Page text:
Specifically, China imposes “three red lines” guidelines, which require real estate developers to submit detailed financial reports to regulators such as the People’s Bank of China, Central Bank of China, Ministry of Housing and Urban-Rural Development, State Construction Administration. The financial position will then be assessed based on 3 criteria, including the ratio of liabilities (excluding pre-collections) must be less than 70%, debt-to-equity ratio is less than 100% and the cash-to-short-term debt ratio should be equal to 1. If developers fail to meet 1, 2, or all 3 of the “red lines”, the regulator will put limits on the debt ratio.

Explaining this policy, mainland officials said the “three red lines” will help China manage the land market well and allocate credit properly to the real estate sector. They are concerned about the amount of capital absorbed by the real estate industry, so limiting housing credit means other sectors will also benefit.

In addition, because China’s real estate market is highly cyclical, consisting of four main stages of recovery, expansion, oversupply and recession, the government wants to stabilize the market by providing a long-term and sustainable constraints.


However, the “three red lines” policy makes it difficult for developers to get loans. At least 18 companies have defaulted on foreign bonds since the crackdown began. Evergrande Corporation is the most obvious example.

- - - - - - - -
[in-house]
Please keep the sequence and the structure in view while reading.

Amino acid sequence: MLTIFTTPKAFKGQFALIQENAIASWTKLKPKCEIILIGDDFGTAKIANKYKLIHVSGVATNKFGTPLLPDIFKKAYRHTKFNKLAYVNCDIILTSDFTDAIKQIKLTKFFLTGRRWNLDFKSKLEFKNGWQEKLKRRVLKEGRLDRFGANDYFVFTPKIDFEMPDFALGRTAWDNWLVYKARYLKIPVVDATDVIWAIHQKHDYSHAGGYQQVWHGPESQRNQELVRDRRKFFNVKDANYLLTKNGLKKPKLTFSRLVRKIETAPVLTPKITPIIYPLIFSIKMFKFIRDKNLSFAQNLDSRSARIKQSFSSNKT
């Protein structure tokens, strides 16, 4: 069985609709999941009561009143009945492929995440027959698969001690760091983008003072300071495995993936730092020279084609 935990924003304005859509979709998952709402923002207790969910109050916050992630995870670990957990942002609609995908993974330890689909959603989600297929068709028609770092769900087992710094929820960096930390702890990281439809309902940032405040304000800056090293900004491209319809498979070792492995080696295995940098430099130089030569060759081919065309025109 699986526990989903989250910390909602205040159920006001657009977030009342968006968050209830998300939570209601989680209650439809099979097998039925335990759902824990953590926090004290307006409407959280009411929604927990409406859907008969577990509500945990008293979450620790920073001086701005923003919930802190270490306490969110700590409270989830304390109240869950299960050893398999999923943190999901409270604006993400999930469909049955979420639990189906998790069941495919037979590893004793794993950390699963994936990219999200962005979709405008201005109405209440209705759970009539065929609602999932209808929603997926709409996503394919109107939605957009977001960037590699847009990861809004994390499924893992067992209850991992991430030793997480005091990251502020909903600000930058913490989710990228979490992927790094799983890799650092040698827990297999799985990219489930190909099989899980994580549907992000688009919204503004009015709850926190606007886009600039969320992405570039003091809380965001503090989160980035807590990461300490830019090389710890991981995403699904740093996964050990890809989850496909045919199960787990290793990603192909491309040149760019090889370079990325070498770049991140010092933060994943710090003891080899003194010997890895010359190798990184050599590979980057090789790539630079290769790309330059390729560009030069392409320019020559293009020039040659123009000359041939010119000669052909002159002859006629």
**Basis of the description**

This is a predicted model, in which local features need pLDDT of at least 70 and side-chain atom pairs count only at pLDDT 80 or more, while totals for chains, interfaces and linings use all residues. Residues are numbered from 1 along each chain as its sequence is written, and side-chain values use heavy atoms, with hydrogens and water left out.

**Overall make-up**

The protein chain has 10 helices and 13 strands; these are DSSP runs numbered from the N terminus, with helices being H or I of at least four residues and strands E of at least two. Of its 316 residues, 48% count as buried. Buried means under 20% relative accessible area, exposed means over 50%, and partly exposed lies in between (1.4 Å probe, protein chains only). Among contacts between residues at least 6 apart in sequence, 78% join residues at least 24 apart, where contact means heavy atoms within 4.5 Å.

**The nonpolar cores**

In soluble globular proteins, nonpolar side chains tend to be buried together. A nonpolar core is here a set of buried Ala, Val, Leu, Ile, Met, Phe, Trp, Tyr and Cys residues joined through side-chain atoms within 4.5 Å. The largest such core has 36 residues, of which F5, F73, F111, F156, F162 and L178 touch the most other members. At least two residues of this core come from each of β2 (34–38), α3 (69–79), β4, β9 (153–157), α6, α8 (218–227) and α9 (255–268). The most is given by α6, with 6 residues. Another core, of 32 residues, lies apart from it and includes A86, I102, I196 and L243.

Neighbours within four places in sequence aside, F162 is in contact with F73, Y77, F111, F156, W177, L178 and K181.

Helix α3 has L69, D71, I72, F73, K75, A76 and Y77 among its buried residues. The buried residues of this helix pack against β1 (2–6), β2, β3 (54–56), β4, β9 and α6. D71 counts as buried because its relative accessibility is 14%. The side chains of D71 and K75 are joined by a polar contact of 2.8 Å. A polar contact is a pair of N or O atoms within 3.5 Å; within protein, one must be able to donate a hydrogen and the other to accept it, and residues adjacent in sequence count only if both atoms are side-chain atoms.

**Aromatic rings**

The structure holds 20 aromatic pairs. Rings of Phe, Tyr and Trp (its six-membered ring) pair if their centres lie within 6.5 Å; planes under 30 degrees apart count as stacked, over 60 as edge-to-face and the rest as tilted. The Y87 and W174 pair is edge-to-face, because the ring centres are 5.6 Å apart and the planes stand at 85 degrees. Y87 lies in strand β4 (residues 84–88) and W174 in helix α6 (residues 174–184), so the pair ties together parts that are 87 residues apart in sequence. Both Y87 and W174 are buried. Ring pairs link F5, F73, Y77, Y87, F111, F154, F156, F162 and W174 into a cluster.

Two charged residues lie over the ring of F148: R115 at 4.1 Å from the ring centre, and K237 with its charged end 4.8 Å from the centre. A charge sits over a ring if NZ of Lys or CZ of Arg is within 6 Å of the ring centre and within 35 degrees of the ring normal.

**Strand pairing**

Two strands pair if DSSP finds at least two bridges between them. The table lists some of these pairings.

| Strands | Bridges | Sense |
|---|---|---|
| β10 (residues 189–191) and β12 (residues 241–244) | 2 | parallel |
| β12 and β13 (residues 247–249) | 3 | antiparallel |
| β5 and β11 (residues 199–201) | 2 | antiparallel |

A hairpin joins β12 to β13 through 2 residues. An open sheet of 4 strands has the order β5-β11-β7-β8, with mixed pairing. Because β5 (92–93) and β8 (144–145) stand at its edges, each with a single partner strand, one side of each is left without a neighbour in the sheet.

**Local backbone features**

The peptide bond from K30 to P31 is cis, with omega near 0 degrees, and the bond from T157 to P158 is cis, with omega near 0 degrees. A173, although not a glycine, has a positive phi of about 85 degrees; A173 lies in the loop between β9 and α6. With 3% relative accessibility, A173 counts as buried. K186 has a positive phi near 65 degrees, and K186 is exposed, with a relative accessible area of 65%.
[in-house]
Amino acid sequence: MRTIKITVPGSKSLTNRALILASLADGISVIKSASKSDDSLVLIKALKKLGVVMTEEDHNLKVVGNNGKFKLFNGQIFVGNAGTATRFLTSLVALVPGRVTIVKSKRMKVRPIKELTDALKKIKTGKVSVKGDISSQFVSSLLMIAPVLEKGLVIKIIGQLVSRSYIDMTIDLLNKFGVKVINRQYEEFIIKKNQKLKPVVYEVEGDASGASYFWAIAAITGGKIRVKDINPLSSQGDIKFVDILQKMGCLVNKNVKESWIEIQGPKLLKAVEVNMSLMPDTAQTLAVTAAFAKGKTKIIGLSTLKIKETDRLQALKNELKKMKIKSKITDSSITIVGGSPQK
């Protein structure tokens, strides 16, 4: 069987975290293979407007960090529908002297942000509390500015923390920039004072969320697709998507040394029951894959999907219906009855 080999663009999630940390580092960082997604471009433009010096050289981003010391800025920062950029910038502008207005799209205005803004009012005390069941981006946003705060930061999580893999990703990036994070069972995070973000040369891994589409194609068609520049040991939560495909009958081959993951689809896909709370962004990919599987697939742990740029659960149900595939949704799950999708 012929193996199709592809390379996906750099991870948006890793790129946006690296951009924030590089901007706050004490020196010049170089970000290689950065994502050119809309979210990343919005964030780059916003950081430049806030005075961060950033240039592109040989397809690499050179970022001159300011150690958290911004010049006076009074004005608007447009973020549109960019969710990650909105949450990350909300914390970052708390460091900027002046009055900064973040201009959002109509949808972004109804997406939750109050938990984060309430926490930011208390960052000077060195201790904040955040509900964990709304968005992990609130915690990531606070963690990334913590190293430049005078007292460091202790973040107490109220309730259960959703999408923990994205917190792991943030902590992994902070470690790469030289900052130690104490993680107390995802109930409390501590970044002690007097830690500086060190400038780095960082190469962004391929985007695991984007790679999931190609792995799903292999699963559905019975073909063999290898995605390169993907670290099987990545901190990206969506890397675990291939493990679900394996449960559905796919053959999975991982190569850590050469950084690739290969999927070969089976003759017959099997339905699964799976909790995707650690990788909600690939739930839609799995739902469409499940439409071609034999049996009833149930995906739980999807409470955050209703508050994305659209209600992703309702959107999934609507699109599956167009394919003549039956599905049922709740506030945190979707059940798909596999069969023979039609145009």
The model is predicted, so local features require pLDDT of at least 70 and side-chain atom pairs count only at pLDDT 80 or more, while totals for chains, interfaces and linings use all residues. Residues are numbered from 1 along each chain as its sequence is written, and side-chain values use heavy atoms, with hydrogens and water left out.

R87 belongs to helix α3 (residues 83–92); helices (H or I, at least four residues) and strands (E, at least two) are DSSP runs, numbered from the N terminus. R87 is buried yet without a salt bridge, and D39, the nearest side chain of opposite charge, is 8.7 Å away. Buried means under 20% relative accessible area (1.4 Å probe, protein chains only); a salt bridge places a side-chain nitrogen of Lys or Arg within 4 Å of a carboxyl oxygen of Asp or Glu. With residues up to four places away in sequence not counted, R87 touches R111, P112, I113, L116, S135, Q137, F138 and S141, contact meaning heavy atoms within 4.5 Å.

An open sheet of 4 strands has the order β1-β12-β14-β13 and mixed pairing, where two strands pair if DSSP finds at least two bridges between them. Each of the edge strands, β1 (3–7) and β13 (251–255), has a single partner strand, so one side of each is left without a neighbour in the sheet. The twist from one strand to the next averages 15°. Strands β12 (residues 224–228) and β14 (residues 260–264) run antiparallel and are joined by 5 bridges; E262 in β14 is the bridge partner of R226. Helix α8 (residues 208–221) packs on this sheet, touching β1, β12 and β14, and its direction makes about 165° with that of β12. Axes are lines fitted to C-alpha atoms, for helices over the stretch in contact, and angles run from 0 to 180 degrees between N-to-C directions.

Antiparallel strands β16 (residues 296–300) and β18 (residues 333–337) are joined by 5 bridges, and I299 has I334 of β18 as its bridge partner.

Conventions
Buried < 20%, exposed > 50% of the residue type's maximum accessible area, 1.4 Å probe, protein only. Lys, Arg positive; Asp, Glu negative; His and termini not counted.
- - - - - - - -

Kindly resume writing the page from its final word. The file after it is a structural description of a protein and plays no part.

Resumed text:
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The sell-off of Evergrande shares and bonds by investors has put pressure on real estate companies across China.

The country’s largest real estate developer, said to be the country’s largest, first declared default in December 2021 after it failed to pay its $300 billion bond debt. The creation of a new risk management committee was quickly announced to prevent a domino effect.

“Investors’ sell-off of Evergrande shares and bonds has put pressure on real estate companies across China. Investors fear that Evergrande isn’t the only company at risk.” ‘, said the CEO of Kingston Securities.

It is true that after Evergrande, real estate conglomerates Kaisa Group and Sunac China also collapsed. Experts say this is a major milestone in the long-running tragedy of China’s real estate industry, as Evergrande and a series of other indebted real estate companies are having a serious impact on China’s financial market. , even as Beijing officials repeatedly sought to reassure investors.

“The default of Evergrande and Kaisa Group will bring us into a period of recession in Chinese assets. Systemic risks will gradually be replaced by specific risks,” said Mr. Usson, a credit analyst. used at Federated Hermes emphasizes.